My experience with the original OldBoy was very intense. That's not unusual - the movie's violence is unsettling and brutal, and furthermore it's narrative culminates in a shocking revelation, so most people find watching Oldboy to be an extreme experience. However, my interaction with Oldboy wasn’t intense because the movie contains so much hammer-swining savagery, it’s because the movie led me to a deeper understanding of cinema. Specifically, it really opened up my understanding of how much cultural context I was missing when I watched non-American movies.
There’s a scene in the Korean version of OldBoy where a man eats a live squid whole. My initial response was pretty sensible: I found watching a set of still twitching tentacles disappear into a human mouth to be viscerally upsetting. However, the more I thought about that scene, the more I wondered about how that scene played out in Korea. I grew up in the landlocked middle of America, so the only sea creatures I regularly ate growing up were whatever the hell "fish" goes into fish sticks. As a result, I think I would have been uncomfortable watching someone put an entire squid in their mouth even if it had been dead - but that can't be true of your average Korean, who probably thinks that eating squid is a lot more normal than I do. That scene was clearly meant to be shocking, but I slowly realized that the fact that I wasn’t Korean was adding another level of weirdness to the equation.
Perhaps that revelation doesn't sound that impressive. After all, I'm sure you already knew about cultural relativism. Then again so did I, but I'm not talking about an abstract understanding of a theory, I'm talking about a lightning bolt moment where I began to understand how to apply that theory in practice. That squid scene was just one of many provocative scenes in Oldboy, and after I second guessed it I began to second guess the rest. It became much harder for me to separate the scenes that I found shocking because they were legitimately shocking from the scenes that were shocking because I didn't quite get them, and all of a sudden I was making an active attempt to overrule my initial primal disapproval and to be more open to the whole Oldboy experience. There are a lot of movies that could have taught me how to appreciate being challenged, but for whatever reason, Oldboy is the movie that sticks out in my mind as the one that taught me the most.
So let’s just say that the American remake had a bit of a legacy to live up to.
Now, to be fair, I didn’t expect Spike Lee’s remake to hit me as hard as the original did. I’m well aware of how rare it is to have such a powerful experience with a movie, so I went in with fairly reasonable expectations: I wanted to see something enjoyable, and if something earth-shattering happened, well, all the better. Unfortunately, the cynics who hate all remakes were right in this case: translating this film into English completely ruined it.
From a plot standpoint both movies are the same: a man is kidnapped, thrown into a hotel room and kept prisoner for years and years with no explanation for why he is being punished. Our tortured protagonist is released one day without warning and he immediately sets out to figure out who did this to him and why. It’s an intriguing but implausible story which is part existential metaphor and part ridiculous thriller. In the Korean version it's a lot easier to emphasize the existential metaphor part because the film is tapping into a different society’s ethical code which I don’t completely understand; there’s a gray area that encourages being forgiving. In the American version, however, the ridiculous thriller parts come to the fore a lot more – I know America well enough to know that this story isn’t tapping into our national subconscious, it’s just taking a juicy gimmick and repurposing it for a quick buck.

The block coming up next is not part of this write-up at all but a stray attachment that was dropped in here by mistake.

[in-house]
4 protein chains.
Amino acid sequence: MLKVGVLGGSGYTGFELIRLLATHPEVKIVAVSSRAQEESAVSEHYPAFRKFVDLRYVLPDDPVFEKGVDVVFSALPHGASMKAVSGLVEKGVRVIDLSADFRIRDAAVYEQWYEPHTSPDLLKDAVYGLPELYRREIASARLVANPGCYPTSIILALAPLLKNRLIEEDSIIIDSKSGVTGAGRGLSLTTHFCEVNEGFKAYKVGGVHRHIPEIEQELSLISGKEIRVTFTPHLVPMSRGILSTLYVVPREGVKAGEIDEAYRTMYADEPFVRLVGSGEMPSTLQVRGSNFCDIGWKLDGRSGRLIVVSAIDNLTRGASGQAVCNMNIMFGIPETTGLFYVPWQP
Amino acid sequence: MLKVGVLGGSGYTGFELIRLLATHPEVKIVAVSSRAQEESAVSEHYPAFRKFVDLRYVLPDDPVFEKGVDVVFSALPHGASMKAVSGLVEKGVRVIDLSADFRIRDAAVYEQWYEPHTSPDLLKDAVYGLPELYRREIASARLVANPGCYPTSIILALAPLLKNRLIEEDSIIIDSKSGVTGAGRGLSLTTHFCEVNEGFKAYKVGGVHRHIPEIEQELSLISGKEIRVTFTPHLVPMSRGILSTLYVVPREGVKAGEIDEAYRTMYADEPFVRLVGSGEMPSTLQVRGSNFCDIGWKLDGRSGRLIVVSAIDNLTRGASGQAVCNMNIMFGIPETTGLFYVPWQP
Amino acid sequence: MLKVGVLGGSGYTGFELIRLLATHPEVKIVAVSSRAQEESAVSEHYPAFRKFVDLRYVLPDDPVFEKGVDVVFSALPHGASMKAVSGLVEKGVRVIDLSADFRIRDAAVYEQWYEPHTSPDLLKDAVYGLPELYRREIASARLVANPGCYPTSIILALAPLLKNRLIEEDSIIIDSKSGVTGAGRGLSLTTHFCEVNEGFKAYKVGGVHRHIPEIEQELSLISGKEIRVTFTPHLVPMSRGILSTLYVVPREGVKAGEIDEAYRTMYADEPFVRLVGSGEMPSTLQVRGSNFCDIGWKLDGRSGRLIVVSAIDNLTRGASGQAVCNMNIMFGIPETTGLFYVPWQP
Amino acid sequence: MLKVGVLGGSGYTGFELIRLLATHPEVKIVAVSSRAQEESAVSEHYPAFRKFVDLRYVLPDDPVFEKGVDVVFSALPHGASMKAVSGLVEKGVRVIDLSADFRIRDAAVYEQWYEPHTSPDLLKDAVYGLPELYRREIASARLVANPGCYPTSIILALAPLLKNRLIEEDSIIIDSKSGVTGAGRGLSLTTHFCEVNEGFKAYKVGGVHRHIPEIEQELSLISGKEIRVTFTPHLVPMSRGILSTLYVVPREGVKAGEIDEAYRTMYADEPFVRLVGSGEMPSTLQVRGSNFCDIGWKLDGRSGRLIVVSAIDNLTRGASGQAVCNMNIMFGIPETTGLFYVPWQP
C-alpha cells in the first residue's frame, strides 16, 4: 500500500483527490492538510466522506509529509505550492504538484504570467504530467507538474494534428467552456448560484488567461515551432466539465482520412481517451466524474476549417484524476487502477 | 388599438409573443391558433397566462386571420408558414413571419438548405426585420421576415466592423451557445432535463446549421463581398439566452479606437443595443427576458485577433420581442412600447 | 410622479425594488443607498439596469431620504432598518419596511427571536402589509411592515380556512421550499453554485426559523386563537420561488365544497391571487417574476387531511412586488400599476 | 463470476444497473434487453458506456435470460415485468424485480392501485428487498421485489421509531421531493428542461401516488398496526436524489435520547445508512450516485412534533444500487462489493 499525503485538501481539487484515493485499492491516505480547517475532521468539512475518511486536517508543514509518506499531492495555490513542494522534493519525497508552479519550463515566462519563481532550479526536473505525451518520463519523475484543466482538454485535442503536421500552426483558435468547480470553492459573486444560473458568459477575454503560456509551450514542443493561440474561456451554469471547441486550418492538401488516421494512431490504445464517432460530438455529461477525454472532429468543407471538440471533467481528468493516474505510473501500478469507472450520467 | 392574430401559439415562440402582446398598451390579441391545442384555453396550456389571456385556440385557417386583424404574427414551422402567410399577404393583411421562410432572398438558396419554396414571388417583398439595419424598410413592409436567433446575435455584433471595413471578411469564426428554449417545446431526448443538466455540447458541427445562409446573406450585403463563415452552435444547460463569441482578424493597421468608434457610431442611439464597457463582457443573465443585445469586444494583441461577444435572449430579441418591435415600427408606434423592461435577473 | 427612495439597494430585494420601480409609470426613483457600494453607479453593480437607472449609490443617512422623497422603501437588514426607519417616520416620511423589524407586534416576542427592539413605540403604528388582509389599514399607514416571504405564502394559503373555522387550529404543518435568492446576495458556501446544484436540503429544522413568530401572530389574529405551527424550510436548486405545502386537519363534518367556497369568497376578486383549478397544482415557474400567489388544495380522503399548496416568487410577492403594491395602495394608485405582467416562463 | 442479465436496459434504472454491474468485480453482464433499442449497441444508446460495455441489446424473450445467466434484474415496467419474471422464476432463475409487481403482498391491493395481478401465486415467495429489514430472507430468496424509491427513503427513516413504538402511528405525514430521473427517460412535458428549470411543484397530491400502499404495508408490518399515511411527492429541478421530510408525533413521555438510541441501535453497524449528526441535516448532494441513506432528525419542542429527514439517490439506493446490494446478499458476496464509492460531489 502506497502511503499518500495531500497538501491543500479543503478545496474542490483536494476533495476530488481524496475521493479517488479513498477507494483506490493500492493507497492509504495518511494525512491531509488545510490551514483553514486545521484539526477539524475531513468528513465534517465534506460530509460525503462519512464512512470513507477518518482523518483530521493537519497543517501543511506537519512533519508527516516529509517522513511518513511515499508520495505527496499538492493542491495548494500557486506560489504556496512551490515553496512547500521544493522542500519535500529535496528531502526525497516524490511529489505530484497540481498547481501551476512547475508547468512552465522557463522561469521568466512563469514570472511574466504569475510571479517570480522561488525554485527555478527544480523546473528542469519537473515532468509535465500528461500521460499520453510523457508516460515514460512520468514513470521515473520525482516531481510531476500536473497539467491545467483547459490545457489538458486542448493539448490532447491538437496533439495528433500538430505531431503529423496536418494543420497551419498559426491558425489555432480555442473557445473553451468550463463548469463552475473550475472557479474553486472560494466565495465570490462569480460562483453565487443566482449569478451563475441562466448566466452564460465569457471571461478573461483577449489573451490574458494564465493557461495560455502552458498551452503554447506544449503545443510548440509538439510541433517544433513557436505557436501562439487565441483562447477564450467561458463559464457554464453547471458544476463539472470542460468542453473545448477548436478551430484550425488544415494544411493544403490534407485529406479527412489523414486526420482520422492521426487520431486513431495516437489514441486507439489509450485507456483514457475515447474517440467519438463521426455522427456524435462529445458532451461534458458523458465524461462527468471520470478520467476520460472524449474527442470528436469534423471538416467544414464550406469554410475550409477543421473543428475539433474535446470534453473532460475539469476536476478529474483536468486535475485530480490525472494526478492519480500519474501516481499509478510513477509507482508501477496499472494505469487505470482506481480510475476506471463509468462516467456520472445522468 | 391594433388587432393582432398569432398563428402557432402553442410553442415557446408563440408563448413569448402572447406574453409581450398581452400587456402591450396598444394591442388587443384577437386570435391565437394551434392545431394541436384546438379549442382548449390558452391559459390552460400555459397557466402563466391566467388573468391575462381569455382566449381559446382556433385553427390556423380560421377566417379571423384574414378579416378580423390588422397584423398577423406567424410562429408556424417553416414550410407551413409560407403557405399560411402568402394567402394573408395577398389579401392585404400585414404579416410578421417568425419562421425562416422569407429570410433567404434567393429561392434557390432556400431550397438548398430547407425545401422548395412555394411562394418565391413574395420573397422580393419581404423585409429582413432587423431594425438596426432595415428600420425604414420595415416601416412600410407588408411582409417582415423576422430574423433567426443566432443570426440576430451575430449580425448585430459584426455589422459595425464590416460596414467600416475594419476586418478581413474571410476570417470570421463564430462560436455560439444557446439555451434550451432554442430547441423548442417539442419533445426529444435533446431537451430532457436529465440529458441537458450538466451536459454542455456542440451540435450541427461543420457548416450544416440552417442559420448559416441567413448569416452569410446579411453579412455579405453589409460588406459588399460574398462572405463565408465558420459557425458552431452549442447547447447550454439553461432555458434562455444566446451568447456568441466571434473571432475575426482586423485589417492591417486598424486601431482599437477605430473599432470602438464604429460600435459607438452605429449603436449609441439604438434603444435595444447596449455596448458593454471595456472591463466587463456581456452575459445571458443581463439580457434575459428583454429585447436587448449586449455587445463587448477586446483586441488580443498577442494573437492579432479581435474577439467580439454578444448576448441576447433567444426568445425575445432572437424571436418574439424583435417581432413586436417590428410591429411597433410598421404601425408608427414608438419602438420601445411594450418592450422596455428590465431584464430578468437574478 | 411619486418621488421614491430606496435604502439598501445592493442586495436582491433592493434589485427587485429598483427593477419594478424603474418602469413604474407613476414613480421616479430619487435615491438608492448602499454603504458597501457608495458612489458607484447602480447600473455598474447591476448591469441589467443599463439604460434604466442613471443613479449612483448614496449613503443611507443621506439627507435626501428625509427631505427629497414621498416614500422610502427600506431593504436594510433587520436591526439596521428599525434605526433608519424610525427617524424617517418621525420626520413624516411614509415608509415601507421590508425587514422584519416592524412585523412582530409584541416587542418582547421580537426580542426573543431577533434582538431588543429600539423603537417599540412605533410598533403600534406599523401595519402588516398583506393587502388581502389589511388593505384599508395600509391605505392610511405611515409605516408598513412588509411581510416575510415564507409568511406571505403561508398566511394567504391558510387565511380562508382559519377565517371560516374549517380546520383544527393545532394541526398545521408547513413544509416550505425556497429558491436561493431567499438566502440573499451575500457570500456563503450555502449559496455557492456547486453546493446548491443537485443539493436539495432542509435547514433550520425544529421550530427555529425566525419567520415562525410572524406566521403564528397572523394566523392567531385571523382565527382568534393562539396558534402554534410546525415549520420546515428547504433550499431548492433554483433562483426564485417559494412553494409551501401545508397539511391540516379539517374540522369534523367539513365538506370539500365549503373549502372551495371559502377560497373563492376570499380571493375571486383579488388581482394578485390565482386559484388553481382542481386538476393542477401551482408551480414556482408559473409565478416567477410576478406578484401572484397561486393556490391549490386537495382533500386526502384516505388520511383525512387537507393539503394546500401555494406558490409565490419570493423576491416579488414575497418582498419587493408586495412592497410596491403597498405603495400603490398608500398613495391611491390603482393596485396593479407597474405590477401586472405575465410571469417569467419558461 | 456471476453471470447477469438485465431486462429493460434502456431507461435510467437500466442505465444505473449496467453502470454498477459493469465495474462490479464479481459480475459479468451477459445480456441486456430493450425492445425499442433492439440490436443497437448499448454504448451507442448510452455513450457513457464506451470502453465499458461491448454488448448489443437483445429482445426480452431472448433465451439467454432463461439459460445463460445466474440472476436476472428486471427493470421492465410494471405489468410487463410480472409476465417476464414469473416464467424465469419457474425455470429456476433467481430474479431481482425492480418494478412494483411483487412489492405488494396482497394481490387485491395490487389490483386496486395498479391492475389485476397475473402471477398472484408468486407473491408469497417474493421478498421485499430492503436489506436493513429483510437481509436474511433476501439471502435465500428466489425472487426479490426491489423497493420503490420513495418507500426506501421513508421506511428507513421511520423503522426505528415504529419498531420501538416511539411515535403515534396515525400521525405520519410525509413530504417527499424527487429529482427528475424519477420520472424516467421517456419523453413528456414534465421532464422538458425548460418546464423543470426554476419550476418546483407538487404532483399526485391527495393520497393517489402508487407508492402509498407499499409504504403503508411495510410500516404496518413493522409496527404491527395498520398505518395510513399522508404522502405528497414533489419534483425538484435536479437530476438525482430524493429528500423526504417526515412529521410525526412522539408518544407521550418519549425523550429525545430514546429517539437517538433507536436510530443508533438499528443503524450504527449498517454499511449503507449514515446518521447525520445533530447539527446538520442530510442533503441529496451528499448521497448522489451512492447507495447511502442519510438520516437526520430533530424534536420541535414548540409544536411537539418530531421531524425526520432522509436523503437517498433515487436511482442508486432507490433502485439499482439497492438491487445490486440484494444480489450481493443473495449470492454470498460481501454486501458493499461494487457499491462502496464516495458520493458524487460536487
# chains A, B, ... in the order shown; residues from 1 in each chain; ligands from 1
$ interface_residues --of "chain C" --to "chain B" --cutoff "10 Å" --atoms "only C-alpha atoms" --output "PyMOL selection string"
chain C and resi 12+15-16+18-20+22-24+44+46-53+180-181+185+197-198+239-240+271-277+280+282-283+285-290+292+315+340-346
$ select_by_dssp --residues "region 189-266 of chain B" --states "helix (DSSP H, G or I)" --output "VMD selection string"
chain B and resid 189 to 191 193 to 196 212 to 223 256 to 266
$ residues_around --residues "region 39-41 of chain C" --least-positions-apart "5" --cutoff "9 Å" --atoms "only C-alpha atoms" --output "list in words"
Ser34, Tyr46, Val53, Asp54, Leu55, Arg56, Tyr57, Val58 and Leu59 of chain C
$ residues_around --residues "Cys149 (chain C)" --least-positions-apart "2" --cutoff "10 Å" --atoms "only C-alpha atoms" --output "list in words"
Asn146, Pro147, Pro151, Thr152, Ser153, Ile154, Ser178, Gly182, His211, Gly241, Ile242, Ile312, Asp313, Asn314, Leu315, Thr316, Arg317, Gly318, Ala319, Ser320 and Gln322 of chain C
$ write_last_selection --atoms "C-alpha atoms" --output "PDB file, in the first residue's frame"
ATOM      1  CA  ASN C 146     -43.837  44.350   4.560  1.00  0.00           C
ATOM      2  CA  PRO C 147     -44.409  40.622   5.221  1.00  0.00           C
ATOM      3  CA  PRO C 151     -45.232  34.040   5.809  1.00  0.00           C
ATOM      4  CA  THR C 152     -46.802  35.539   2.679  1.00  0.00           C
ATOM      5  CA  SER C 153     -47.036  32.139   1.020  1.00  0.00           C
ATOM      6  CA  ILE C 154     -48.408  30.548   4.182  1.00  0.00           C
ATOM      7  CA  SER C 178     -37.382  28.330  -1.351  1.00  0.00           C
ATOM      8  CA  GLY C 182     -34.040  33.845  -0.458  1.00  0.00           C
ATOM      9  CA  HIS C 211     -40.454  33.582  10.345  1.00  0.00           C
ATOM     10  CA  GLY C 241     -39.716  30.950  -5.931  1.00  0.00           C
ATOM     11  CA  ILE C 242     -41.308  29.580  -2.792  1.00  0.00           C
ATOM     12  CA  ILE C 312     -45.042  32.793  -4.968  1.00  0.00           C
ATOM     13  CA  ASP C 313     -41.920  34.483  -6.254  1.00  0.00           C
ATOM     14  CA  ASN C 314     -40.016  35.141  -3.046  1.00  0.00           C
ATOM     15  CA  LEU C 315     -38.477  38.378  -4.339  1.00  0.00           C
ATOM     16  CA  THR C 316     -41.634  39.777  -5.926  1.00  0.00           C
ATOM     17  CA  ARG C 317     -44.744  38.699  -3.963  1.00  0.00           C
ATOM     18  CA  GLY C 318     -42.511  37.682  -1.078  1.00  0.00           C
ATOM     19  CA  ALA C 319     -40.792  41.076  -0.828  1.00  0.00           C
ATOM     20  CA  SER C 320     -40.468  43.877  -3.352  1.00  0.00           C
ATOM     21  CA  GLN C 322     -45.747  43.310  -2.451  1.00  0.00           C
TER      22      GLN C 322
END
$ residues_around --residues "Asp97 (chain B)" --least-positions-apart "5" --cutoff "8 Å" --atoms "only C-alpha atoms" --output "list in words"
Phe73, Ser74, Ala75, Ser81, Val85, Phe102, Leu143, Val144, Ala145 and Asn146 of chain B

The biggest example of this difference comes in the scene where the antagonist justifies his decision to go through the trouble of locking our protagonist up for decades. His explanation doesn’t make enough sense to justify the entire over-the-top plot, but because it’s rooted in an ancient Korean honor code it at least symbolically resonates in a Korean context. However, his logic doesn’t translate to America’s moral code at all. Americans don’t plan elaborate and imaginative revenges; we’ve always been more fond of shoot-first-and-ask-questions-later vigilantes. In the Korean version his excessive planning just emphasizes how serious he was about avenging his damaged honor, but in the American version his decision to spend millions of dollars and a big chunk of his life enacting his revenge instead of just killing his nemesis makes him seem like the Riddler, who could never commit a crime simply when he could do it in a very complicatedly. (For the record, the Riddler might be my least favorite villain of all time.)
At the end of the day, there are a lot of reasons why the American version doesn’t live up to the original Oldboy. (Another one I have yet to mention: I think it’s a lot harder to notice plot loopholes when some part of your brain is occupied trying to read subtitles, so this might be a story that's better read than seen.) However, there’s no real point in harping on all of them. This was just an ill-conceived project from the get-go – it’s story was never going to translate well outside of it’s original context. But I will give it this: at least it didn’t make me watch another live squid get eaten. I mean, sure, that scene was important for my intellectual growth – but Jesus Christ what I wouldn't give to be able to un-watch that.
Winner: The Cat